HONOLULU (HawaiiNewsNow) - A comprehensive settlement has been reached to address federal Clean Water Act compliance at Honolulu's wastewater collection and treatment systems. The joint announcement was made Tuesday by the US Justice Department, US Environmental Protection Agency, state attorney general's office, state Department of Health and three environmental groups.
The settlement resolves lawsuits brought by the Sierra Club, Hawaii's Thousand Friends and Our Children's Earth Foundation. Included in the settlement is a comprehensive compliance schedule for the city to upgrade its wastewater collection system by June 2020.
"This settlement will lead to significant improvements in water quality for the people of Oahu, and for the visitors to the island's world-class beaches. It calls for aggressive actions in the near term to upgrade the city's sewage collection system, and set outs a longer term schedule for construction of secondary treatment at the Sand Island and Honouliuli plants," said Jared Blumenfeld, EPA's Administrator for the Pacific Southwest region.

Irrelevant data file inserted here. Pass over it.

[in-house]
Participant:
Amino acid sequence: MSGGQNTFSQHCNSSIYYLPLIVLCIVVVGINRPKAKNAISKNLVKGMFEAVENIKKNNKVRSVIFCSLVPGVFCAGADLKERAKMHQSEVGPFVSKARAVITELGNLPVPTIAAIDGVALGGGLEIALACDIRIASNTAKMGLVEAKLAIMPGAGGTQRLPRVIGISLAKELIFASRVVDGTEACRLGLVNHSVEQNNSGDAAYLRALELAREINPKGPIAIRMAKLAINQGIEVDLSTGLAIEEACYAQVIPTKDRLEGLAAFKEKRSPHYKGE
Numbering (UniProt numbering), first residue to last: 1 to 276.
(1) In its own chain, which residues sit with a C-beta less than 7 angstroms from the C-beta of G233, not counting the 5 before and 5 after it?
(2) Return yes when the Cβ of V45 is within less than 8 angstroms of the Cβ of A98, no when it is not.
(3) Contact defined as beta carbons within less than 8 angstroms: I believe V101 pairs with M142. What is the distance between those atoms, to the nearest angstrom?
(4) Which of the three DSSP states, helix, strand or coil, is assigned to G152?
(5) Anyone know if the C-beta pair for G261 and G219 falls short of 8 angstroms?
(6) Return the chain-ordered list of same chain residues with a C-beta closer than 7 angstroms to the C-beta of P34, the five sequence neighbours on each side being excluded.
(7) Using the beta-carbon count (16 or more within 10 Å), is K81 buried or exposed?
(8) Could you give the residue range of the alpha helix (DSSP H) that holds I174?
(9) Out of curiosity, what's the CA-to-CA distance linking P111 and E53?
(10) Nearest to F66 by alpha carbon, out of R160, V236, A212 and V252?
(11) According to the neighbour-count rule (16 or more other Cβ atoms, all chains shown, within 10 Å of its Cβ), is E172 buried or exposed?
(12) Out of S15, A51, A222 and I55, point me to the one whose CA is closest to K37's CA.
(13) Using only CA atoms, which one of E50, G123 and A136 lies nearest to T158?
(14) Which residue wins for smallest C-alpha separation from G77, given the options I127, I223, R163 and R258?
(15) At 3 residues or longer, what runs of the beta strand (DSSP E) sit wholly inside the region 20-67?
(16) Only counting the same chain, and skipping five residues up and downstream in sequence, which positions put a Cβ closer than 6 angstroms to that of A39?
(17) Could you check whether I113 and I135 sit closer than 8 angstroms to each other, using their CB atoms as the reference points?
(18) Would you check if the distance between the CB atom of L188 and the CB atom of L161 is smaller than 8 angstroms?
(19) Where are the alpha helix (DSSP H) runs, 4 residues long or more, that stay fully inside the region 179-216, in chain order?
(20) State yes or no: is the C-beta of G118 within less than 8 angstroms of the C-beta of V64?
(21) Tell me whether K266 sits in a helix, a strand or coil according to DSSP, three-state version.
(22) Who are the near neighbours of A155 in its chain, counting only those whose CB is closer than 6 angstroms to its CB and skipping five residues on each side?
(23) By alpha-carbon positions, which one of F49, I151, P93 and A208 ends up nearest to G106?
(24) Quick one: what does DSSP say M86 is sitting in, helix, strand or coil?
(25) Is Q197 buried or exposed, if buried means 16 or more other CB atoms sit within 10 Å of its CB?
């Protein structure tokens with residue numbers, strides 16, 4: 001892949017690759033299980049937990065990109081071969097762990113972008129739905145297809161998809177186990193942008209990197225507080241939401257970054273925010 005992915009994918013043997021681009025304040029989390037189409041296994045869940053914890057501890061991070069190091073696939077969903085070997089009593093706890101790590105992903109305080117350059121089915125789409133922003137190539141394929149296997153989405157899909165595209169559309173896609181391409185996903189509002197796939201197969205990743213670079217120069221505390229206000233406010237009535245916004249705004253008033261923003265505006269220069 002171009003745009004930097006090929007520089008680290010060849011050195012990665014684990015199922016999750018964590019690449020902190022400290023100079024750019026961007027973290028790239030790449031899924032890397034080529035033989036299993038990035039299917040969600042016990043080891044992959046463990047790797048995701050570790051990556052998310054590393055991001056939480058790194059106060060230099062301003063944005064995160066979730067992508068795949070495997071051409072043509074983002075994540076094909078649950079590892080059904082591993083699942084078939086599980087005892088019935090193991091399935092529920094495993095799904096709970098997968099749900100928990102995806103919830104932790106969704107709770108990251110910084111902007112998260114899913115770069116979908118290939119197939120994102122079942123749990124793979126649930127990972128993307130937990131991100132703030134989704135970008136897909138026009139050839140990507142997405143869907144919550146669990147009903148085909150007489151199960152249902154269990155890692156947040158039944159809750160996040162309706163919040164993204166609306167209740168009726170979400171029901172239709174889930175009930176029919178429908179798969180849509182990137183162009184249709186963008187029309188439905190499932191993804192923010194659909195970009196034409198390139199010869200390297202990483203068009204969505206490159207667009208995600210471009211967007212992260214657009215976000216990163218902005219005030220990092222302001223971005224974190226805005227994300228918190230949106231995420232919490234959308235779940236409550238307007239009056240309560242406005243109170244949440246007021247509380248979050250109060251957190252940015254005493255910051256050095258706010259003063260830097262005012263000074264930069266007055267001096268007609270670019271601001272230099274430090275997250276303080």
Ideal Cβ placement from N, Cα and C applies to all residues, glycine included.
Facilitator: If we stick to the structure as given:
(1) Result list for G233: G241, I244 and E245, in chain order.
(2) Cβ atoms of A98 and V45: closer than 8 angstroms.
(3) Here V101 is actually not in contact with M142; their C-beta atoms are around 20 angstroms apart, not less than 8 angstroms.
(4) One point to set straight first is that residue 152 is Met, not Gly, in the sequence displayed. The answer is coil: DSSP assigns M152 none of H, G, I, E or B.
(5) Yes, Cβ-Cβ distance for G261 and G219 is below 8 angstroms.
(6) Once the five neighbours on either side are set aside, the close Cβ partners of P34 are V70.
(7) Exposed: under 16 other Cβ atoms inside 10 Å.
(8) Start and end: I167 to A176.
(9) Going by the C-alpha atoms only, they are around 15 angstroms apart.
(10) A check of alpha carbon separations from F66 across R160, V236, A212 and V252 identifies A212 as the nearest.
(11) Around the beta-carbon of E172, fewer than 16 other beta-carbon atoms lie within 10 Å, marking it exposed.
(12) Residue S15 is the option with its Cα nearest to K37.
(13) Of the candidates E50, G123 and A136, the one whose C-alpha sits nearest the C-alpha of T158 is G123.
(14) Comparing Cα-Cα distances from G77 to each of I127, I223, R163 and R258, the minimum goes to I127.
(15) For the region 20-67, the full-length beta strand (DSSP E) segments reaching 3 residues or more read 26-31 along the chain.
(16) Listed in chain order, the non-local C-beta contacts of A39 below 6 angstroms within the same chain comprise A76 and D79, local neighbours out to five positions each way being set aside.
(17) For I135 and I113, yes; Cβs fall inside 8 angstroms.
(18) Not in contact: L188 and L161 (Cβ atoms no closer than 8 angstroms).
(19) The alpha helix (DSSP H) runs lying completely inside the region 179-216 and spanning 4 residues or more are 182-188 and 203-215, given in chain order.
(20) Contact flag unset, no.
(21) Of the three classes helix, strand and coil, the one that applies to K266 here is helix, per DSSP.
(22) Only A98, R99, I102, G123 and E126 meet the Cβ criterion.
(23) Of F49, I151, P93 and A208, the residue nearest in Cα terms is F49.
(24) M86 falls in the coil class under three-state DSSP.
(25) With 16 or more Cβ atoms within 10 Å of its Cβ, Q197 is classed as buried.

The Honouliuli wastewater treatment plant will need to be upgraded to secondary treatment by 2024. The agreement calls for the Sand Island treatment facility to be upgraded by 2035 or 2038 if the city can demonstrate economic hardship.
The city agreed to pay a fine of $1.6 million to be split between the federal government and the state of Hawaii to resolve violations of the federal Clean Water Act and state water pollution laws, such as the 2006 Waikiki force main break that spilled approximately 50 million gallons of sewage into the Ala Wai Canal.
State officials say that the coming infrastructure improvements will prevent such catastrophic spills from happening in the future. The settlement is subject to a 30-day public comment period and final court approval.
More about this story on HawaiinewsNow.com:
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Sewer settlement will cost Honolulu $4.7 billion over 25 years
City directs 375,000 gallons of untreated wastewater into ocean
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